I am delighted to follow the noble Lord, Lord Wigley. I fell foul of the procedures myself today—I think I am still a new girl, navigating my way through these extraordinary times, but I pay tribute to the facilities we have and we are grateful to have the hybrid system that is working so well.
I shall speak to Amendments 81 and 83 and later amendments. For the record, I perhaps misled my noble friend the Minister in my question at Question Time, but I have the highest possible regard for members of the Trade and Agriculture Commission—they have proven their independence and their value to date. My noble friend said that they take no money for their role, so we are particularly grateful for their public service contribution. My noble friend will be under no illusion, however: I would like the commission to be independent and to have its own resources, its own staff and its own offices, and I shall continue my little campaign in that regard.
On appointments made under Amendment 81, can my noble friend put my mind at rest? What does the Governance Code for Public Appointments say about non-disclosure agreements? I am sure they do not sit comfortably within the present arrangements.
On Amendment 83 and the trade advisory groups, I noticed in the previous group that we had 17 expert trade advisory groups in July with, I think, 250 representatives. In August, we had fewer representatives and only 11 trade advisory groups. I would like to clarify, if I may, what the current composition is. Do they include, for example, anybody—a British national, ideally—who has first-hand experience of negotiating trade through the EU Commission, which would obviously be hugely beneficial at this time, as we set out negotiations on our own? To what extent is industry involved, either through the CBI or otherwise? I understand that the CBI was represented in the earlier trade advisory groups and it is extremely important, if the CBI is not represented, that we have some kind of business representation.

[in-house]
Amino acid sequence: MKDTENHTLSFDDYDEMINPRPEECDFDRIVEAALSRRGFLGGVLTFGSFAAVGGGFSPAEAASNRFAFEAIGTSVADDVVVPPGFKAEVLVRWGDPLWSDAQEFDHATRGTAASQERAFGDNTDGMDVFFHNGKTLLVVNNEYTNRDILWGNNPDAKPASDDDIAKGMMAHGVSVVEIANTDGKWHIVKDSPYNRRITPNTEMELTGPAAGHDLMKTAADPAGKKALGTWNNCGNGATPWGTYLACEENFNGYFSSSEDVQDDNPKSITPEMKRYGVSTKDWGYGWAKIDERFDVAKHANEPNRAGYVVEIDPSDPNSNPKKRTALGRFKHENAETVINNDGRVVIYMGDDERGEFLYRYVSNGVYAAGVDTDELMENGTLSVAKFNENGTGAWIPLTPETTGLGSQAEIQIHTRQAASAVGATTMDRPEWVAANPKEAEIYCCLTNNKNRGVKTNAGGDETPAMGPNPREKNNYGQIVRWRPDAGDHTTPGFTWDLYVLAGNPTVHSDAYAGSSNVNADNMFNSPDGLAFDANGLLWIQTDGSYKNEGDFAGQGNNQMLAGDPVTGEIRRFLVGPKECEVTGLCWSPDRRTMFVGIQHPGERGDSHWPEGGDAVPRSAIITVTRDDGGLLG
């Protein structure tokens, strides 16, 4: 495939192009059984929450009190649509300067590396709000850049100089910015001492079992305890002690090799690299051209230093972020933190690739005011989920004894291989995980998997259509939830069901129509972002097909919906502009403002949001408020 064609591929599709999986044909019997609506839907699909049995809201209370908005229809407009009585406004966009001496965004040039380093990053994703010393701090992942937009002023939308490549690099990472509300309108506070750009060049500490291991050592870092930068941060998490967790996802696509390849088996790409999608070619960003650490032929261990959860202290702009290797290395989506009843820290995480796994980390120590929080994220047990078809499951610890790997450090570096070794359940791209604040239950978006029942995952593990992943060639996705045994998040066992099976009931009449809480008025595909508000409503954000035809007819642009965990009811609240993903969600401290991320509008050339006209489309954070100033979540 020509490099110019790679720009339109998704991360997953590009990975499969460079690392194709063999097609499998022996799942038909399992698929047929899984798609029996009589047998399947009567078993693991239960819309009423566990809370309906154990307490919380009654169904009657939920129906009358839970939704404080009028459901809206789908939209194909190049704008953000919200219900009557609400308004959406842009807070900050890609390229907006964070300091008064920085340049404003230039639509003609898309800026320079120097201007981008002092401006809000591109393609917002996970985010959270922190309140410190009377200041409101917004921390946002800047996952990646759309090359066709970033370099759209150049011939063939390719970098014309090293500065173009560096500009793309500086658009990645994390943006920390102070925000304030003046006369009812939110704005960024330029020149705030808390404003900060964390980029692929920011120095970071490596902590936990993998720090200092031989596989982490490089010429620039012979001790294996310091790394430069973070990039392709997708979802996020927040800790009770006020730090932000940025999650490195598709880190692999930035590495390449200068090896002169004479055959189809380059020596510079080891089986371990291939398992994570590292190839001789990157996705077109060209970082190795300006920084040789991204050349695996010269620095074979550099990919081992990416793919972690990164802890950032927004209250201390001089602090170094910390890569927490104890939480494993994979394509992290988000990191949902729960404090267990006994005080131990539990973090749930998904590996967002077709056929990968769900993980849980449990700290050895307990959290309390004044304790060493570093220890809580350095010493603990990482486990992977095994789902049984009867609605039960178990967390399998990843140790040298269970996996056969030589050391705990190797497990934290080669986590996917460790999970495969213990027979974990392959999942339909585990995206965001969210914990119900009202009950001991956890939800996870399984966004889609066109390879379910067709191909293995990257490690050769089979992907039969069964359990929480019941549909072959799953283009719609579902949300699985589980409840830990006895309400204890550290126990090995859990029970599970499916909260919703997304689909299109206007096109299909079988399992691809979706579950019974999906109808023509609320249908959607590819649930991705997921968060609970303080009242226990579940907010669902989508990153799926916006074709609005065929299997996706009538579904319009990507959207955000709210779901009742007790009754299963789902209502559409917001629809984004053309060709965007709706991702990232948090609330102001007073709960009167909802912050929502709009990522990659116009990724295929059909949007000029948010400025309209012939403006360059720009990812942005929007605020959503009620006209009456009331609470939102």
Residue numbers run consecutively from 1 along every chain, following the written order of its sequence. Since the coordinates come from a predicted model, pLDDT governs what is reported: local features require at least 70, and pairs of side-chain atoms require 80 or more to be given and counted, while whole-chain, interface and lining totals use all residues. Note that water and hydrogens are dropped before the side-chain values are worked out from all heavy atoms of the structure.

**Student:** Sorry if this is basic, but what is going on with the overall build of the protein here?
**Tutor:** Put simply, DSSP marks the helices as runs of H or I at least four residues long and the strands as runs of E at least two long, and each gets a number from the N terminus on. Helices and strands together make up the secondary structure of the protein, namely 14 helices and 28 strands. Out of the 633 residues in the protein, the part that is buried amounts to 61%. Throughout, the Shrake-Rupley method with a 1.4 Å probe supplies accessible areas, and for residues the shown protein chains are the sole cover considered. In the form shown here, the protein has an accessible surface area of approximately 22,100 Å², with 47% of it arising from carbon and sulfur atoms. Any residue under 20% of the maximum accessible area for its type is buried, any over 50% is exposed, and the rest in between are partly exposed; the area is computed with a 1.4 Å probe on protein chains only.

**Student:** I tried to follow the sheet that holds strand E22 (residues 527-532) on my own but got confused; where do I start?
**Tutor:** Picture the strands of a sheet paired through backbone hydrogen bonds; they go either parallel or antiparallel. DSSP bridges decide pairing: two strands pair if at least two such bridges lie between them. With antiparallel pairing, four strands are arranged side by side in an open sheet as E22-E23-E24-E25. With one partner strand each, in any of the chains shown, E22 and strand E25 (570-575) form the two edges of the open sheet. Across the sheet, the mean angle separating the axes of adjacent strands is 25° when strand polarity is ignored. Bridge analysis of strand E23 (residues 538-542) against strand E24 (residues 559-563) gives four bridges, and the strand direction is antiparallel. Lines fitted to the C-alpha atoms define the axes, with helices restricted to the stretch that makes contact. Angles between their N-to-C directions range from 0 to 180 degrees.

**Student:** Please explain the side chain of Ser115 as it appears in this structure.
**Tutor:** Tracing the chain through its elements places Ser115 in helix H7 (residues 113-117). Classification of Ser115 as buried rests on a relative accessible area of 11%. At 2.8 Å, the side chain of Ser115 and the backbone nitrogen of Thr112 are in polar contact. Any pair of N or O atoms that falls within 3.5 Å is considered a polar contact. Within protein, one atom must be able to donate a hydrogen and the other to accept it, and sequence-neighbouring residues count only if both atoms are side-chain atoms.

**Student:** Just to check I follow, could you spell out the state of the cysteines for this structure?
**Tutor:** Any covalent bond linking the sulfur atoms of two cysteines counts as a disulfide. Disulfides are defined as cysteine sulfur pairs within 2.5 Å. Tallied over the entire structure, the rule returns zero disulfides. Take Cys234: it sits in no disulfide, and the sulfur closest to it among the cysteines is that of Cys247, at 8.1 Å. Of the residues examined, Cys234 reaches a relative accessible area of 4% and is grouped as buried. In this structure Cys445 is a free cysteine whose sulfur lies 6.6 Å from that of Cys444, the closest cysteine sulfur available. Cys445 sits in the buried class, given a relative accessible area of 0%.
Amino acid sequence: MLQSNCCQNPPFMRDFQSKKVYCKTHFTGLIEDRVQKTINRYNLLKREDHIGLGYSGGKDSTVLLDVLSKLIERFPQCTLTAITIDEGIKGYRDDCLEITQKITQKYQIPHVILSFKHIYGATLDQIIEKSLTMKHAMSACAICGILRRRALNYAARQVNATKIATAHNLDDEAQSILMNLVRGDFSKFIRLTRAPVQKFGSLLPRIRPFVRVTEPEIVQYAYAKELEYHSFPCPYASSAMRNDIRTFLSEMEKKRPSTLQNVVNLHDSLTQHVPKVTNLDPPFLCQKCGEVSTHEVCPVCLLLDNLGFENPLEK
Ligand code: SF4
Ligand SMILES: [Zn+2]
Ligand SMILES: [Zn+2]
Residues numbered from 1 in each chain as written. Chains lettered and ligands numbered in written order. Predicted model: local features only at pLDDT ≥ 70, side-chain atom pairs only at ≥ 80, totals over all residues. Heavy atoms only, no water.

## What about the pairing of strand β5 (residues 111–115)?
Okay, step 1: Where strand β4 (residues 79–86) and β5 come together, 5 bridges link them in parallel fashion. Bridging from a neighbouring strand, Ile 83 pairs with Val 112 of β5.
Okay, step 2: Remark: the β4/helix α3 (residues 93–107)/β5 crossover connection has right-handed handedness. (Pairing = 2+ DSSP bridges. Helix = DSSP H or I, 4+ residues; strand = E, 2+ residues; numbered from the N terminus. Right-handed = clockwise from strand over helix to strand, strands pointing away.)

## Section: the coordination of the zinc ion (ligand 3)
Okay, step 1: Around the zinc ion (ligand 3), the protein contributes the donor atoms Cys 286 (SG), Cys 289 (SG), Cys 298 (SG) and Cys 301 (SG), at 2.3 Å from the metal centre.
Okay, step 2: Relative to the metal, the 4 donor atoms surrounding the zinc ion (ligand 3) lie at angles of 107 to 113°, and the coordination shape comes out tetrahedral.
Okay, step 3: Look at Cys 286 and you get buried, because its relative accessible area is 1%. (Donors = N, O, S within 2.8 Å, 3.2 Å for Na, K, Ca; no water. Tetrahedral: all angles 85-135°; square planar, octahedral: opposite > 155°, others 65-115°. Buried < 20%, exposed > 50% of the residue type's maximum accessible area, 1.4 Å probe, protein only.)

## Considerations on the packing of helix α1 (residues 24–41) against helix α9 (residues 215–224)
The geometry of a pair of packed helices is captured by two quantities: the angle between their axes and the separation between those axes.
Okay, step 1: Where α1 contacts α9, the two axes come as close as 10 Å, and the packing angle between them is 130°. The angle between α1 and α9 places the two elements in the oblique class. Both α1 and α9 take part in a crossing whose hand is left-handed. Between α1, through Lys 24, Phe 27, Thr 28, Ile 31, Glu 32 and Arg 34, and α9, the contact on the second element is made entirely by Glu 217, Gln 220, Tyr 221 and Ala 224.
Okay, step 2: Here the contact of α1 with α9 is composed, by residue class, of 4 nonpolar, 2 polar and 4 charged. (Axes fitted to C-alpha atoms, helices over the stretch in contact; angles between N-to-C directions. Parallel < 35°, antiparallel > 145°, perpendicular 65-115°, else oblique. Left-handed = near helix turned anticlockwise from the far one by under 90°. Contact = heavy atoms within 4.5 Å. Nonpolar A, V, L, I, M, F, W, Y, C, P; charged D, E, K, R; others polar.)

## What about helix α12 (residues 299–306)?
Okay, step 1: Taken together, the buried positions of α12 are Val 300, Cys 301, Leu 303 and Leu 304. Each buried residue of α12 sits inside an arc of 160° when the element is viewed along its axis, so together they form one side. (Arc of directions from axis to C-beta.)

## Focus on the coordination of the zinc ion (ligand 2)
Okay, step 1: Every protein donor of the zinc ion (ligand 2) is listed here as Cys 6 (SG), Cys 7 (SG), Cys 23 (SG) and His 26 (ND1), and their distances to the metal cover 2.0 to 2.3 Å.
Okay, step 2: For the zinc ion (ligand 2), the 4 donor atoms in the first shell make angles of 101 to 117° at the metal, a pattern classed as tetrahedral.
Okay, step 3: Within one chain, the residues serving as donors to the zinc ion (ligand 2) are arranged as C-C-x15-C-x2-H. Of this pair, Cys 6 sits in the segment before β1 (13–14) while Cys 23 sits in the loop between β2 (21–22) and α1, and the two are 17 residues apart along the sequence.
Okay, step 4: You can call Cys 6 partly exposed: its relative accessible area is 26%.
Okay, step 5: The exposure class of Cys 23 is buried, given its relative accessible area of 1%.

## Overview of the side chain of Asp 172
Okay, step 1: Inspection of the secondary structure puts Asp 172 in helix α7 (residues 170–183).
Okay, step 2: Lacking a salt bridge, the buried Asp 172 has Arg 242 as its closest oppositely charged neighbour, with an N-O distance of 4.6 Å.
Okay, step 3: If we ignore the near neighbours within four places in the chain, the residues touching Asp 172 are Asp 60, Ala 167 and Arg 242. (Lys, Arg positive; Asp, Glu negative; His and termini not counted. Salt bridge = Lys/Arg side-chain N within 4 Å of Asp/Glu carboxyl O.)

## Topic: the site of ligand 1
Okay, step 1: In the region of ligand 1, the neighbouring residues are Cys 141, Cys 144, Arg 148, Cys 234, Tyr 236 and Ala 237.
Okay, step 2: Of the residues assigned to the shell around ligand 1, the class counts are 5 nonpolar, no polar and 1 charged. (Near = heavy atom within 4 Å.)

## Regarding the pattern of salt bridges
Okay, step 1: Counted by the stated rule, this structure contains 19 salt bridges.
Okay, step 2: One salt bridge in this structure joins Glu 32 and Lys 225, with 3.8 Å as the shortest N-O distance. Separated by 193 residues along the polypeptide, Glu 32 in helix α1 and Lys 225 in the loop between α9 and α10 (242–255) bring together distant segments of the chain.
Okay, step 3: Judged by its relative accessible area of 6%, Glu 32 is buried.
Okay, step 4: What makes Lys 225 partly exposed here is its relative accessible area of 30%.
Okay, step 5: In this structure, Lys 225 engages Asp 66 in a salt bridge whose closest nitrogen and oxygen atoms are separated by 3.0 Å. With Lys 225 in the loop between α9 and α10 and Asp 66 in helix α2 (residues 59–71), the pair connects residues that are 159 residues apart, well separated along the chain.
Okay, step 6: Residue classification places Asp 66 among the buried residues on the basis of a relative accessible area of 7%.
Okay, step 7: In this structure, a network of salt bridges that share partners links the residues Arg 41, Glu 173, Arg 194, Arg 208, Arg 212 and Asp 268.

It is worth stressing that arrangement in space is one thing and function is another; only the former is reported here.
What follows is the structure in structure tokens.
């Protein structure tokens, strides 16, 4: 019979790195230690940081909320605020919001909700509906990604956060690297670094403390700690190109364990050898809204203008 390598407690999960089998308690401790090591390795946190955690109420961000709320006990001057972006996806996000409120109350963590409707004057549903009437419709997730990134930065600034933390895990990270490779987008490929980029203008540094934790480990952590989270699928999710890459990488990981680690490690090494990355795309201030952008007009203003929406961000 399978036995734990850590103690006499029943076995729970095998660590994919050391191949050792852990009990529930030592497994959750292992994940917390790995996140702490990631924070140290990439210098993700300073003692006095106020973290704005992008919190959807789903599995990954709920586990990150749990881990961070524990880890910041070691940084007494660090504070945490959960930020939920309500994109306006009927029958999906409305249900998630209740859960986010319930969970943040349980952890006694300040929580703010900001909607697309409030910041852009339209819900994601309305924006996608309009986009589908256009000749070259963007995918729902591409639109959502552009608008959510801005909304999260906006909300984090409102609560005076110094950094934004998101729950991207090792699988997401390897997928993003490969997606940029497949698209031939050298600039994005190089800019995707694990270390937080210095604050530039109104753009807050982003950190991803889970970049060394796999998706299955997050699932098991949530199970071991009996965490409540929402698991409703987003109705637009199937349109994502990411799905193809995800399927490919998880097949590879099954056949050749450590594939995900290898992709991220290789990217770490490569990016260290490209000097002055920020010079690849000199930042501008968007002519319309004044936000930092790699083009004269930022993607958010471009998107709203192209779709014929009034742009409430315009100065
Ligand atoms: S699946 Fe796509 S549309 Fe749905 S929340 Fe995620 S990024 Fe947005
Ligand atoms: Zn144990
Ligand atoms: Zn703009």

Can my noble friend also put my mind rest that services, both professional—such as legal services—and financial, have bodies that are represented through the trade advisory groups? If that is the case, could he please explain which they are?
I was delighted to sign Amendments 106, 107 and 108. I support the sentiments behind them and I consider them, at this stage, probing amendments, but it is extremely important that the Trade Remedies Authority also represents those categories. In Amendment 106, under proposed new sub-paragraphs (a), (b), (c) and (d) I would add (e) and (f) to include representatives of business, professional and financial services as well, because services are so important to our future trading potential.
On Amendment 108, I repeat my earlier remarks and endorse the provision that a person should hold office
“for a fixed period of five years”,
which would, I think, increase the potential for independence. A fixed term would give Trade Remedies Authority members greater security of tenure and therefore reinforce their independence and impartiality. A commitment was given by my right honourable friend the Minister, Greg Hands, in Committee in the House of Commons, that people are appointed on merit following fair and open competition, in keeping with the Governance Code on Public Appointments. The code itself states that there is a strong presumption that no individual should serve more than two terms or serve in any post for more than 10 years, other than in exceptional circumstances. I therefore hope that my noble friend will see fit to put this in the Bill through this amendment.